* Sen. Ep. 36.
Death sweetened to us by Christ. Thou fearest death :-It is much on what terms, and in what form, death presents himself to thee: if as an enemy, (as that is somewhere his style, the last enemy, death,) thy unpreparation shall make him dreadfui ; thy readiness and fortitude shall take off his terror: if as a messenger of God to fetch thee to happiness, what reason hast thou to be afraid of thine own bliss ?
It is one thing, what death is in himself, a privation of life; as such, nature cannot choose but abhor him: another thing, what he is by Christ made unto us, an introduction to life, a harbinger to glory: Why would the Lord of Life have yielded unto death ; and, by yielding, vanquished him: but that he might alter and sweeten death to us; and, of a fierce tyrant, make him a friend and benefactor ? And, if we look upon him thus changed, thus reconciled, how can we choose, but bid him welcome ?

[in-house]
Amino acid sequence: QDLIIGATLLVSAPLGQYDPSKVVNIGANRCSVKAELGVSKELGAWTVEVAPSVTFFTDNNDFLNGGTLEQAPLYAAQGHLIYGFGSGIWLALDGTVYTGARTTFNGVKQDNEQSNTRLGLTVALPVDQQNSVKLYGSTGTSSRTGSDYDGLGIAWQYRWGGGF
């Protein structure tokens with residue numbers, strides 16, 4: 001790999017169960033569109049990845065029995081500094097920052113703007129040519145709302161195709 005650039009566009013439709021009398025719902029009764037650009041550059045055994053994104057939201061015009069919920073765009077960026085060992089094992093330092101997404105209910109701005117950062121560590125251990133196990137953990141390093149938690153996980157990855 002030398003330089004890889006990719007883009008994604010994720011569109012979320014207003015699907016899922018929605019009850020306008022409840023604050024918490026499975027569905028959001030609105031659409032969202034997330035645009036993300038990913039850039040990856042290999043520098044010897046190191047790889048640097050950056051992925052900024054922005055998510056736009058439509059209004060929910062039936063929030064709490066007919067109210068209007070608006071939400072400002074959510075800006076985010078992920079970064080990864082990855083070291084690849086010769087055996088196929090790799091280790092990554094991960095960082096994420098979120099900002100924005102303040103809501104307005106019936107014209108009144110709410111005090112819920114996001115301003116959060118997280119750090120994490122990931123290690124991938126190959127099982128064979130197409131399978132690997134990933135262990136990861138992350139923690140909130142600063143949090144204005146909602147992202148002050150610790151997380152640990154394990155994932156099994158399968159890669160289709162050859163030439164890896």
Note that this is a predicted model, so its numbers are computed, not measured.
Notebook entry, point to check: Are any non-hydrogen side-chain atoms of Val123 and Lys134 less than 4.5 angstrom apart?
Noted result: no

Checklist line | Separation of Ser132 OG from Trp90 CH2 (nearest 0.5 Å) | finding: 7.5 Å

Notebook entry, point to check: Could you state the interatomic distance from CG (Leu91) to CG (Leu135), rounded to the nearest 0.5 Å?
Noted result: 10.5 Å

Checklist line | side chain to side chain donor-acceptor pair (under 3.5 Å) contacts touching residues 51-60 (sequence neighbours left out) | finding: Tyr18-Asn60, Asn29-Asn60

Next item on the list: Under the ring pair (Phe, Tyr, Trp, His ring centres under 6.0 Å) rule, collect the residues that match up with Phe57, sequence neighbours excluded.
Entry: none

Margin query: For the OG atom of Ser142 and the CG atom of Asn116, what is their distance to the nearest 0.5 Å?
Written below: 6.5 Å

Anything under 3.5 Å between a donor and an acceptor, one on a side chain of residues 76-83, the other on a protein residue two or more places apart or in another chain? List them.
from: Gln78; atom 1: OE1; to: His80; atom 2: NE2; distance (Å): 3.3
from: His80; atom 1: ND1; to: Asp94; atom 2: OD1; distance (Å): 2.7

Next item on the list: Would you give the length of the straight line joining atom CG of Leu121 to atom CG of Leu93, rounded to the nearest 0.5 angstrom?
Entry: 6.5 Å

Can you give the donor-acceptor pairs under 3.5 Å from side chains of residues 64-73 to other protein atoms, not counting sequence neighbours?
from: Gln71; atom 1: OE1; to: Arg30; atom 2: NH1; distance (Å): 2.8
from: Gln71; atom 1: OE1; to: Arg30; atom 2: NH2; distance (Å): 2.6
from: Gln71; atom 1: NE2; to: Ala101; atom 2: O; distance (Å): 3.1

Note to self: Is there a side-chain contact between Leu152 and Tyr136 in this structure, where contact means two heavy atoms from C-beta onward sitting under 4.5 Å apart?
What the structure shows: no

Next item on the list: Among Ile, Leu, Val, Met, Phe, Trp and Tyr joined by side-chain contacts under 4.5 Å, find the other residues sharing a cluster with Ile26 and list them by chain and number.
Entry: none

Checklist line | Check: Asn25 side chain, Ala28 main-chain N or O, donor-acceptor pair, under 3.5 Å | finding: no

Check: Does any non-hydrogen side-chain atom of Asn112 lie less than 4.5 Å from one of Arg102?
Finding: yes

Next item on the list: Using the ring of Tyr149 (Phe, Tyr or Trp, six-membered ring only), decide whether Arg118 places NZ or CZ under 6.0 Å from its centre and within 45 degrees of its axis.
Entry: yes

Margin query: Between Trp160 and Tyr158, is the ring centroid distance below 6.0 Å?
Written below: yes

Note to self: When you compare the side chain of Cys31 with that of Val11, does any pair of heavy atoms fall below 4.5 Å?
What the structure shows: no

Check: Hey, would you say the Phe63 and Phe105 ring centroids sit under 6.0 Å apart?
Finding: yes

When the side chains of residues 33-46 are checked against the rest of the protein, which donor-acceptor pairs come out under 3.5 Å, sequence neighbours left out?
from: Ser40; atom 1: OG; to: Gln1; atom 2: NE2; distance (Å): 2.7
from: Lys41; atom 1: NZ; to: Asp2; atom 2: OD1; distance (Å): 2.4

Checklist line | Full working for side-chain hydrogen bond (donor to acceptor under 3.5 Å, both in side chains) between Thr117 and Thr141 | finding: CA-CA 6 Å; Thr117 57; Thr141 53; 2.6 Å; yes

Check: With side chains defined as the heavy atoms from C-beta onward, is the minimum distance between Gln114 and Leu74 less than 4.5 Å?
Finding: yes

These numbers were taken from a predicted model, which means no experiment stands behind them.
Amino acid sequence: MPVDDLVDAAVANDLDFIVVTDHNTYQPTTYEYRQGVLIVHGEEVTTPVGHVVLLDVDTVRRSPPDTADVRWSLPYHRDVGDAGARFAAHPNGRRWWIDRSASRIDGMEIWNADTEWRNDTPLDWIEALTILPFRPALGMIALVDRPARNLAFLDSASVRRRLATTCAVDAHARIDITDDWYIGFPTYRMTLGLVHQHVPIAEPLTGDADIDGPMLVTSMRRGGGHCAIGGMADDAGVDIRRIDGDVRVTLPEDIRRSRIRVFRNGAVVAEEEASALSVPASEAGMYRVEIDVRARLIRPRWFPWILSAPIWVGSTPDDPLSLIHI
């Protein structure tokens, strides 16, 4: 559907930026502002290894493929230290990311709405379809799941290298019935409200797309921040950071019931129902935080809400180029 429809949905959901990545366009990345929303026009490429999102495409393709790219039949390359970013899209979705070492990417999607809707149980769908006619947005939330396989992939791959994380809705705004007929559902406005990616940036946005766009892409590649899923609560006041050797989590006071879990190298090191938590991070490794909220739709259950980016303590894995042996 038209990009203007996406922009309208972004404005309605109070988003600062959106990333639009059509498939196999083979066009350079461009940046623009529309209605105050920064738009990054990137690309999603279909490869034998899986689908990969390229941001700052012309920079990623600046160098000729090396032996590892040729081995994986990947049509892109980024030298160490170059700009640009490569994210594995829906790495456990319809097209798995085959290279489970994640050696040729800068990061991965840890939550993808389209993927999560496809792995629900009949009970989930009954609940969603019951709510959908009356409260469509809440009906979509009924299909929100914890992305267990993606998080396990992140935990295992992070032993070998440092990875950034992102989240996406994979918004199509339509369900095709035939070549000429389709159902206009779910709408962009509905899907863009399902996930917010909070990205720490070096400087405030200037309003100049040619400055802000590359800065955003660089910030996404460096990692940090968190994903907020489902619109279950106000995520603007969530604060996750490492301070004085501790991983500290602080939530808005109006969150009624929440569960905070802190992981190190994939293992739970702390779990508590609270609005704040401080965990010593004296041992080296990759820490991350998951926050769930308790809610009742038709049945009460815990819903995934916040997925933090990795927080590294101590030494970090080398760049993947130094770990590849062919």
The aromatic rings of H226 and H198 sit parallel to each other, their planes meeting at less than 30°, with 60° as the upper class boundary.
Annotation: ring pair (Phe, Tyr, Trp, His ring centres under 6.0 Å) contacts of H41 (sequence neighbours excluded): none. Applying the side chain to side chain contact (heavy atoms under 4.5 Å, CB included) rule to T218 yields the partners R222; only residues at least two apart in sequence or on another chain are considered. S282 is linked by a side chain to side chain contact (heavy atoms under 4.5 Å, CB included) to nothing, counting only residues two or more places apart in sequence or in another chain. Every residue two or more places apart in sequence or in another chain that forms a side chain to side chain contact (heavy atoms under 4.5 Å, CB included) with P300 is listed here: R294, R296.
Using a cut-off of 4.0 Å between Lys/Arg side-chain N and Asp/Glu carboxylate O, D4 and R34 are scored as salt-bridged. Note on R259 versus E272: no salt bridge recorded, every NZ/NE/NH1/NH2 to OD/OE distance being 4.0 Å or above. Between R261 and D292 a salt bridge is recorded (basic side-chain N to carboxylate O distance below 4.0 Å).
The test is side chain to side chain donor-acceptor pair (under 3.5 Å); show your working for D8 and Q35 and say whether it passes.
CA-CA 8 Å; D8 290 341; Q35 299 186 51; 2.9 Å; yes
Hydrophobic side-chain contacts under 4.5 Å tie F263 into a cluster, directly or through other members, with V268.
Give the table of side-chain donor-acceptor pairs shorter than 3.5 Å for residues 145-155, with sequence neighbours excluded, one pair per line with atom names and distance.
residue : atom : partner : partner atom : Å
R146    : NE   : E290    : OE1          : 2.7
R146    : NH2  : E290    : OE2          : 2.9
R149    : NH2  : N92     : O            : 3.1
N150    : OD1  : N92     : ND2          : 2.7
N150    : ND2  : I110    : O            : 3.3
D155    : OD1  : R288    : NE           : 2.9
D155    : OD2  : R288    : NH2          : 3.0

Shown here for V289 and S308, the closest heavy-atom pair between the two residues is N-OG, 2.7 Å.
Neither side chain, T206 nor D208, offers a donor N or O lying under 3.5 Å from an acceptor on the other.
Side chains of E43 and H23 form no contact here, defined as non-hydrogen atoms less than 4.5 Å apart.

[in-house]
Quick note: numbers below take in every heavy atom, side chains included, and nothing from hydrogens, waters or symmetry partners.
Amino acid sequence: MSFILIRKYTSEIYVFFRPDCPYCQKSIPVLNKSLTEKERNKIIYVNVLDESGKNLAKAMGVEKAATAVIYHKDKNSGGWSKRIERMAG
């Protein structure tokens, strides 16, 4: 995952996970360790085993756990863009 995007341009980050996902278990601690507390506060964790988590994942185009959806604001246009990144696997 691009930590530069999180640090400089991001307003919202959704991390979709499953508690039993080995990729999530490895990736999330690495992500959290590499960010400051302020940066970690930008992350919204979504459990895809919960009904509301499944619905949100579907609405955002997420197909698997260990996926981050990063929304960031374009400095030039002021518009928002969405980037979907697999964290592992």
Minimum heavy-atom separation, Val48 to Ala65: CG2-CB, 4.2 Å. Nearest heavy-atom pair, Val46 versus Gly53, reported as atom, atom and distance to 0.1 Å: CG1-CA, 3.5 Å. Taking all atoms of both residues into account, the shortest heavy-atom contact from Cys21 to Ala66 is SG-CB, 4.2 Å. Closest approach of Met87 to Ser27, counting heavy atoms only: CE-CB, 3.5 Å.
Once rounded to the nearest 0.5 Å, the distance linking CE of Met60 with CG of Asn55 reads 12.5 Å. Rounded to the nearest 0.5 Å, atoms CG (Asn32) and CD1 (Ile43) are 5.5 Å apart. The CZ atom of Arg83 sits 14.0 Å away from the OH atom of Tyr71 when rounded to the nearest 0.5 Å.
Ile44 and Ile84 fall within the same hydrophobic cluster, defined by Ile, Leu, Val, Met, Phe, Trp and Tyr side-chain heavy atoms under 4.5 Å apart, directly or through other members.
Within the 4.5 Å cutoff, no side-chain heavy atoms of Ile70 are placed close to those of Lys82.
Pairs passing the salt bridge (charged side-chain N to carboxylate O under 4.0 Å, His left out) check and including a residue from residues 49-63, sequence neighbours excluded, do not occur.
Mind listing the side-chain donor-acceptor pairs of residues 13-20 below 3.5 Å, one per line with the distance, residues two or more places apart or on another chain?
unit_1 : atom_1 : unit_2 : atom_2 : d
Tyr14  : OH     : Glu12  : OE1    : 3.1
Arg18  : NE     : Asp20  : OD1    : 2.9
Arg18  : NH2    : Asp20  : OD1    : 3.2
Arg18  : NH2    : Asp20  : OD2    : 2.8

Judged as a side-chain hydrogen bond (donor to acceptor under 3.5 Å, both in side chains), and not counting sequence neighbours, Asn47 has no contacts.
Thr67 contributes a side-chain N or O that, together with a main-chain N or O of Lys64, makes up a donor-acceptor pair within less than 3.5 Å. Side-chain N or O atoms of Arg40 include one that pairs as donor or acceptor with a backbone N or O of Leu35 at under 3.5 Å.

The painfulness of Christ's death. Thou art afraid of the pangs of death :—There are those, that have died without any great sense of pain : some we have known to have yielded up their souls, without so much as a groan : and how kuowest thou, my son, what measure God hath allotted to thee? Our death is a sea-voyage, (so the Apostle, I desire to launch forth * :) wherein some find a rough and tempestuous passage ; others, calm and smooth : such thine may prove ; so as thy dissolution may be more easy, than a fit of thy sickness.
But, if thy God have determined otherwise, Look unto Jesus, the author and finisher of our faith, Heb. xii. 2. the Son of God, the